Hog to ham: the local angle

The Locavore

December 24, 2008|By Rob Kasper | Rob Kasper,rob.kasper@baltsun.com

In Maryland, it is still possible to enjoy a ham made from homegrown hogs and smoked in a local meat-processing plant. Recently, I visited the Mount Airy Locker Co., run by Thomas Wagner on Main Street in Mount Airy, which transforms hogs to ham in about one week.

At the beginning of the week, Wagner calls a Frederick County farmer and tells him how many of the animals to bring to the plant. After the white Yorkshire hogs, which on average are about 5 months old and weigh about 260 pounds, are processed, the meat cutters in the plant deliver the rear legs to Boe Smith. Smith, who has been curing hams for 27 years, injects each whole ham with a liquid mixture of salt, brown sugar, maple syrup and a trace of the preservative sodium nitrate, increasing the ham's weight by no more than 15 percent.

Then, after a three-day dip in salty brine, the ham hangs for about 12 hours in a stainless-steel container filled with hickory smoke. This cooks the ham until its internal temperature hits 155-156 degrees. The smoke bath adds flavor, Smith told me, and also dries out the ham, eliminating most of the weight it picked up when it was injected with the sugar solution.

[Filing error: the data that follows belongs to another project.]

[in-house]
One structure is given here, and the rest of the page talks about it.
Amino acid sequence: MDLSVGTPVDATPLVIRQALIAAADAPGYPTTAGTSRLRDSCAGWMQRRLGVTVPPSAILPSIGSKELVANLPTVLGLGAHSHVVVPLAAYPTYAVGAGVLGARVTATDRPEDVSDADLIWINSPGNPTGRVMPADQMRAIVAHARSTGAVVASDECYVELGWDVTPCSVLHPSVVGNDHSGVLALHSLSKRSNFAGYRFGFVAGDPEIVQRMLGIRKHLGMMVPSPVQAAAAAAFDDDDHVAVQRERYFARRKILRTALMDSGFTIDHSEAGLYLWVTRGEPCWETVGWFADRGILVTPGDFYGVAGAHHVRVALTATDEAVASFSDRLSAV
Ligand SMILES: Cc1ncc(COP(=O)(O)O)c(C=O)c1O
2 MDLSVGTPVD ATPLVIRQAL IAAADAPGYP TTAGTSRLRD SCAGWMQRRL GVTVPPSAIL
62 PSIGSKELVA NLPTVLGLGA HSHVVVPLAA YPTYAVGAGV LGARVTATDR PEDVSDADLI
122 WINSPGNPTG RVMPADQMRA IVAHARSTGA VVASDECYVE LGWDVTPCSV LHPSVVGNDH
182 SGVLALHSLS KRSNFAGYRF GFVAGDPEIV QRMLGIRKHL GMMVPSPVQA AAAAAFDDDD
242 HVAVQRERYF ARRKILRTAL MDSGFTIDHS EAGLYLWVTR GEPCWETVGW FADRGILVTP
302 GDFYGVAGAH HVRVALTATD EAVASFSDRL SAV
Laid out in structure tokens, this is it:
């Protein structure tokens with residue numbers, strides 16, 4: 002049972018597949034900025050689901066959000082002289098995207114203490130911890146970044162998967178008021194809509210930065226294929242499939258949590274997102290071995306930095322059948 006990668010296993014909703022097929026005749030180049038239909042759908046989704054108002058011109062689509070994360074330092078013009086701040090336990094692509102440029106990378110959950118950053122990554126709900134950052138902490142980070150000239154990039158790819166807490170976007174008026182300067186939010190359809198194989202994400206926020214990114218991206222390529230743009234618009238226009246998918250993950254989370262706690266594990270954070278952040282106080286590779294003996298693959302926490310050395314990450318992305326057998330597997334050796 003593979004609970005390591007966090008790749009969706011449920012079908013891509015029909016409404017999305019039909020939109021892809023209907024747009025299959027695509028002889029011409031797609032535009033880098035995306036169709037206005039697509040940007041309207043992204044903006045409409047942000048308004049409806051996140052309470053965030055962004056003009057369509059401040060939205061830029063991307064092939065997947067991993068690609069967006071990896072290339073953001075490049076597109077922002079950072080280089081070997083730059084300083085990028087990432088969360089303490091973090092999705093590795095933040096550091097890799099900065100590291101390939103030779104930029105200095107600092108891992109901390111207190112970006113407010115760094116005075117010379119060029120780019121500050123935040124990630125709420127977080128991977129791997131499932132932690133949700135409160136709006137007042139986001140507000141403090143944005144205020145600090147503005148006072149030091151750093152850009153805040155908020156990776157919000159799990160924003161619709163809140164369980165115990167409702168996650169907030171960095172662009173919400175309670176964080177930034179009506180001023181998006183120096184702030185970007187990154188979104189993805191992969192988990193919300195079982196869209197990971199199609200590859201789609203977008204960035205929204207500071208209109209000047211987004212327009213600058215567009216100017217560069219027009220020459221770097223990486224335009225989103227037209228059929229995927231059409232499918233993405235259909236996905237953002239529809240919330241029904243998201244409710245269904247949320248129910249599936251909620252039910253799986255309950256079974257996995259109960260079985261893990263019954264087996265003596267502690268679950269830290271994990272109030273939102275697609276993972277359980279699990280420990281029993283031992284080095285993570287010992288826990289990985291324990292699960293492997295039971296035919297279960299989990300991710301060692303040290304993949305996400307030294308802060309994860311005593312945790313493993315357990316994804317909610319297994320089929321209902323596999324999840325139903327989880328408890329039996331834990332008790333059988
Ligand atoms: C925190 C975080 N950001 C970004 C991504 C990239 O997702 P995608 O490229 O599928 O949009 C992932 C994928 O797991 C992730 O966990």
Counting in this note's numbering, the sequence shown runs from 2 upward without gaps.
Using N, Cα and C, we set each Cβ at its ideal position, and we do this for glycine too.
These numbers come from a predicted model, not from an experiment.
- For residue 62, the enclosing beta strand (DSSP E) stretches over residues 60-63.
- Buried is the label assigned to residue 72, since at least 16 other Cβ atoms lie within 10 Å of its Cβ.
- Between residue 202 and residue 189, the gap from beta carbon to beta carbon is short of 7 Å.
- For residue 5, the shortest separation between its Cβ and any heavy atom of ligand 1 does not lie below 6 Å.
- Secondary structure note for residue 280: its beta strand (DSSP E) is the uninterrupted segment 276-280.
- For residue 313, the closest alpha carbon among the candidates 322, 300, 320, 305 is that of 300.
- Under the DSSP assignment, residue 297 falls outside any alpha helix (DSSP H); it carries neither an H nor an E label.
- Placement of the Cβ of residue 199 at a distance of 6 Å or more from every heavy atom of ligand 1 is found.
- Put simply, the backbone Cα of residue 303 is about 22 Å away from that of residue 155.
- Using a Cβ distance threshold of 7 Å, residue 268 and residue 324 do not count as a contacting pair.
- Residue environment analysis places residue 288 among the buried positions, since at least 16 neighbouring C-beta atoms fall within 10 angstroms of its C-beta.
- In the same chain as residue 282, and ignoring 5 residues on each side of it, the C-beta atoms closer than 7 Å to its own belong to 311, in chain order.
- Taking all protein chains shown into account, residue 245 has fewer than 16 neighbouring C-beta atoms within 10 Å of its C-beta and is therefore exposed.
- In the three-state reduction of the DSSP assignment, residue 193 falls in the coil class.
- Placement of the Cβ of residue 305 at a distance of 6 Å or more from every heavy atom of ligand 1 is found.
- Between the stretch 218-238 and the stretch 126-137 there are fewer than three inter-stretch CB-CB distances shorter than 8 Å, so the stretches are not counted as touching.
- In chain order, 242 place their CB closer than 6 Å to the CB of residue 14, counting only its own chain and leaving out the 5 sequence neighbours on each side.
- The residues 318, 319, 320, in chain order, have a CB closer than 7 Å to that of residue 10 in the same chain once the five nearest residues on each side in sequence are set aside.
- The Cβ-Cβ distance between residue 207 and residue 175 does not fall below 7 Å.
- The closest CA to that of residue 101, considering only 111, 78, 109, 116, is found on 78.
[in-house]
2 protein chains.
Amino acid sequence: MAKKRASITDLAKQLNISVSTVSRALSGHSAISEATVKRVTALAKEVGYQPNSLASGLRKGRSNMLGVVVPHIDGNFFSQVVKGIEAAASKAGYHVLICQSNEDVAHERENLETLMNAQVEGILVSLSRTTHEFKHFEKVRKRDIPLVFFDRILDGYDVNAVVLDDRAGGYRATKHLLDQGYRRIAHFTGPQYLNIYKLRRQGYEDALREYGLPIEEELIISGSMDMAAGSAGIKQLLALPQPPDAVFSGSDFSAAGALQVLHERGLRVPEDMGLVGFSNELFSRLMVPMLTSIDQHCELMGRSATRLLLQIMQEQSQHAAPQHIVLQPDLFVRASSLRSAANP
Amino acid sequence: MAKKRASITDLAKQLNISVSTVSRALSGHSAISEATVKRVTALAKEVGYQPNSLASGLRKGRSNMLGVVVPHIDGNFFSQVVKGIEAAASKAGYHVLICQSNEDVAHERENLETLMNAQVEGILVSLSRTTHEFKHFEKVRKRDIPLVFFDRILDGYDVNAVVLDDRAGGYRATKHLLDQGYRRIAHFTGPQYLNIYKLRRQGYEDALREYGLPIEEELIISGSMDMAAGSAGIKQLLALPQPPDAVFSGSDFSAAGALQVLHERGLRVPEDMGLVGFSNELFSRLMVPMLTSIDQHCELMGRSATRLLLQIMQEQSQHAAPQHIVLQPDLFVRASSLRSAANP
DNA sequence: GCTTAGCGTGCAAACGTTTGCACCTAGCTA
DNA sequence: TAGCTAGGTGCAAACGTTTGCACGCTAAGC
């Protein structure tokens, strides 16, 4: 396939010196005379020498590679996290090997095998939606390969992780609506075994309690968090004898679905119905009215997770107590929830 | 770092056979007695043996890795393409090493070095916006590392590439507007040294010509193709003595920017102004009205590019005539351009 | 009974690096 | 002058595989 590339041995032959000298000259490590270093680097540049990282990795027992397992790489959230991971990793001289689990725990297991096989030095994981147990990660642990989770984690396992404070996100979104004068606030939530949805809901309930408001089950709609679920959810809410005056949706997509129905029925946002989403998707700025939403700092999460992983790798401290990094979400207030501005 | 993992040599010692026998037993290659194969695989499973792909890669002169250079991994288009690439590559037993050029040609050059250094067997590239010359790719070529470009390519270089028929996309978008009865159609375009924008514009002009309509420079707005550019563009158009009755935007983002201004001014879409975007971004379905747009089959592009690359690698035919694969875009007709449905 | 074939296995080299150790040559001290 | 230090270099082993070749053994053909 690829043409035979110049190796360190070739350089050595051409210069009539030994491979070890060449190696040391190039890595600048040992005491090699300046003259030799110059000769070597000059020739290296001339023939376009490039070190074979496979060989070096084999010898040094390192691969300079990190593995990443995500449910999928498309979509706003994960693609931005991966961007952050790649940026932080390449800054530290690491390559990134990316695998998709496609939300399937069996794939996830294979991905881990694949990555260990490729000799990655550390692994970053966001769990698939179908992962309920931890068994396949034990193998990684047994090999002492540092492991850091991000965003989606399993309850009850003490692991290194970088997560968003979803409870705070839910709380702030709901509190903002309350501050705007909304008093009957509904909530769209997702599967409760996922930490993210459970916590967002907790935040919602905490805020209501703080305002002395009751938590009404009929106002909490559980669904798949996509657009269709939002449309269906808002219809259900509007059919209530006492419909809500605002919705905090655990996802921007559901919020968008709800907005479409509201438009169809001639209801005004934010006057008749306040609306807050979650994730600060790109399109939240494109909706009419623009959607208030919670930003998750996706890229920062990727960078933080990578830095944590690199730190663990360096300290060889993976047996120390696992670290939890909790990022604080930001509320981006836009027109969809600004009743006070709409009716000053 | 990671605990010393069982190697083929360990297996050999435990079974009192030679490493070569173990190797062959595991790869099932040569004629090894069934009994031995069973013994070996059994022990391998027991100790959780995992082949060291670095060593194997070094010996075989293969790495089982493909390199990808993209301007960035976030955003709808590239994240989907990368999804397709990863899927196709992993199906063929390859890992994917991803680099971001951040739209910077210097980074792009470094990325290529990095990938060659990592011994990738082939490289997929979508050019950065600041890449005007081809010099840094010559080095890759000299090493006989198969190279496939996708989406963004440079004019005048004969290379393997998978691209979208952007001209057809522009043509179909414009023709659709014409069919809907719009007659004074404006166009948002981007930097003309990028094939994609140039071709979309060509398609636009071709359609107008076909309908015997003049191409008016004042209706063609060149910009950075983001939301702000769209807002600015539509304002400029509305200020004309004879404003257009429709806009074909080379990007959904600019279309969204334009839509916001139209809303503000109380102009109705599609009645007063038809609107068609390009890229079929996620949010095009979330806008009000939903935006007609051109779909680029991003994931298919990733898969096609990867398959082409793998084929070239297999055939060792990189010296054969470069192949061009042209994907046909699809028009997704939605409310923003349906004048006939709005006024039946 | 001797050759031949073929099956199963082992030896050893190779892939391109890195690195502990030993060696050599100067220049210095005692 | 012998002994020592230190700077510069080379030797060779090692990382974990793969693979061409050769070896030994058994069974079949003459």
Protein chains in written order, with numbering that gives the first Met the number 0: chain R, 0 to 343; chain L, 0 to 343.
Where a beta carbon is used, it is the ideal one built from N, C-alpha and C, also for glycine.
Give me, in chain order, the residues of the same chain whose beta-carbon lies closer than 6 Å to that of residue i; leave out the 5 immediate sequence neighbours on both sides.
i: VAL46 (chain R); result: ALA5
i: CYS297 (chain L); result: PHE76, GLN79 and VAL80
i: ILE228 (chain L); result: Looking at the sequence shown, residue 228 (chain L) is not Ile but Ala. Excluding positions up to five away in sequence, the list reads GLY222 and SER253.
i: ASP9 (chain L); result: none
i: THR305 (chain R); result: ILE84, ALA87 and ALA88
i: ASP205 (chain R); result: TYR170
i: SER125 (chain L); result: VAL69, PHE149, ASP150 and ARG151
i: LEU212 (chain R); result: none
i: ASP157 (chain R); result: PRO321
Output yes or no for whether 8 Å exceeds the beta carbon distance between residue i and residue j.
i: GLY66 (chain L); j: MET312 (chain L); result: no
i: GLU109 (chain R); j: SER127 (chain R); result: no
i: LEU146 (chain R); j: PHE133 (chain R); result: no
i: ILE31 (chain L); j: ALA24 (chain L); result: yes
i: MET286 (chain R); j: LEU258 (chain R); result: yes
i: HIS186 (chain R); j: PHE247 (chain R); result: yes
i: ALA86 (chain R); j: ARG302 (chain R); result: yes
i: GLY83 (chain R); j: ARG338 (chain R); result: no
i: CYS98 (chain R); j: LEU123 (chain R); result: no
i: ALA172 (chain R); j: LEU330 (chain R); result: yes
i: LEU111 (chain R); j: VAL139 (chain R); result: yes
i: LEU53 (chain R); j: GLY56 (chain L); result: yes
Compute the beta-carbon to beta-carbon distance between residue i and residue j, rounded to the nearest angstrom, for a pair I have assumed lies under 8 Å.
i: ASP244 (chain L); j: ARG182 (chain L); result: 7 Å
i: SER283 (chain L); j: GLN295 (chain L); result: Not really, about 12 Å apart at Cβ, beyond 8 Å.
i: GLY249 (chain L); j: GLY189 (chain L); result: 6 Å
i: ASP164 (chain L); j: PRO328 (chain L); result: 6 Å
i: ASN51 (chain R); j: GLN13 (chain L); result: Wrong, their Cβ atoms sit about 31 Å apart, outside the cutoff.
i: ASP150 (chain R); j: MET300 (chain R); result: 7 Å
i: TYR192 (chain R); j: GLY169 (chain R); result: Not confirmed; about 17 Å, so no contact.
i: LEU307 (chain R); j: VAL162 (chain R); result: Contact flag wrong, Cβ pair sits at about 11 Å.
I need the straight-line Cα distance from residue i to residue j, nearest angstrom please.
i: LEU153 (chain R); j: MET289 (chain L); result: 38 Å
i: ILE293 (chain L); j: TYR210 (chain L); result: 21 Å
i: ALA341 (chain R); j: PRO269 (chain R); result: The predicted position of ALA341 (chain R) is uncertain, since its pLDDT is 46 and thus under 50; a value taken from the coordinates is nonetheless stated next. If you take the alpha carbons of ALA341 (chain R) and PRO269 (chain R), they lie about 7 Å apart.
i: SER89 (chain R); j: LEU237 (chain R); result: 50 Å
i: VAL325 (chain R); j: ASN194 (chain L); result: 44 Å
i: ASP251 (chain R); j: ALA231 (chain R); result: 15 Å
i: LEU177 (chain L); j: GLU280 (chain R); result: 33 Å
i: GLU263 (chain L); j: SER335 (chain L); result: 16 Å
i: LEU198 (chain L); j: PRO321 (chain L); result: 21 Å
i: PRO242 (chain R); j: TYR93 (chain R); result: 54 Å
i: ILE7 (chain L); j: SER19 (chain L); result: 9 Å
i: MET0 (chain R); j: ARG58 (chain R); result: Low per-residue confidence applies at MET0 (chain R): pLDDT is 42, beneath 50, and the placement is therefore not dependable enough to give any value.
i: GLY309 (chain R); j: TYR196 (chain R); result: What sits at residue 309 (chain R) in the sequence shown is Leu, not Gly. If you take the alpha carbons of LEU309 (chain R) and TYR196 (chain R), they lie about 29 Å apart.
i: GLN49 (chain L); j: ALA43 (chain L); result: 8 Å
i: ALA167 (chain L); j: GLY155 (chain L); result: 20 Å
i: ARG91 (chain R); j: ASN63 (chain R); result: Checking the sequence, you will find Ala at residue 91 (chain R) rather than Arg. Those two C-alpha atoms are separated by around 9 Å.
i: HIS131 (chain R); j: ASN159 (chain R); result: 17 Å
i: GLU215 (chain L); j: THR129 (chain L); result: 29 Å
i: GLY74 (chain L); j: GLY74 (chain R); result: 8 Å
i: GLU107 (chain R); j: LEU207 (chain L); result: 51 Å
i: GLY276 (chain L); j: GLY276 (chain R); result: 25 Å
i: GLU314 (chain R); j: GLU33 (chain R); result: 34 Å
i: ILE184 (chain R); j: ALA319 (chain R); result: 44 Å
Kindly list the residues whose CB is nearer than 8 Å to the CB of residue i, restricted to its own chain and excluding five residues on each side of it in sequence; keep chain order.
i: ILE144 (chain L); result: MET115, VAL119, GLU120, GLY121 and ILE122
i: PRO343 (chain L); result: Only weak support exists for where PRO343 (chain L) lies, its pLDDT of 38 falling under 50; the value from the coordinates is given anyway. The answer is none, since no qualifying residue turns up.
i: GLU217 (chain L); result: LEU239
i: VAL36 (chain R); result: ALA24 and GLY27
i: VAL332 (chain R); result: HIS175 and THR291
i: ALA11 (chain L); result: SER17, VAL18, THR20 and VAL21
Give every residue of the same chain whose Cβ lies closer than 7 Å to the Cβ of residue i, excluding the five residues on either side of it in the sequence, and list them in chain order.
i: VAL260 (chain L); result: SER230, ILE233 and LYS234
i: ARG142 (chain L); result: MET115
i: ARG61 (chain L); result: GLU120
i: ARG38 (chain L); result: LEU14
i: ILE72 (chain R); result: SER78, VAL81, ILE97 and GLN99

Wagner sells these "semi-cooked" hams at his retail shop in Mount Airy and at Springfield Farms in Baltimore County.

Another Maryland operation, Truck Patch Farms in Carroll County, also sells its local hams at various farmers' markets. Starting in January, it will sell them Saturday mornings at its farm, at 3201 Sams Creek Road in New Windsor.

Here are some tips on how to choose a ham:

* Already cooked, or so-called "city hams," such as Wagner's, are the ones most Americans eat. Their curing process is much shorter than the one used to make the highly flavored, dry-aged, salty "country hams," produced in Virginia, Kentucky and Tennessee.

* The best and most expensive city hams like Wagner's are simply labeled "ham." Next, in descending order, comes "ham with natural juices," followed by "ham, water added," and finally "ham and water product."

* If your ham has a bone, plan on it serving 2 to 3 people per pound. If the ham is boneless, it should serve 4 to 5 per pound.

* How to bake: Place ham, fat side up, in a pan filled with 1/4 inch water. Bake at 325 degrees for 15 to 20 minutes per pound, until its internal temperature reaches 135 to 140 degrees. Transfer to carving board, tent loosely with foil and let rest 30 minutes before carving.

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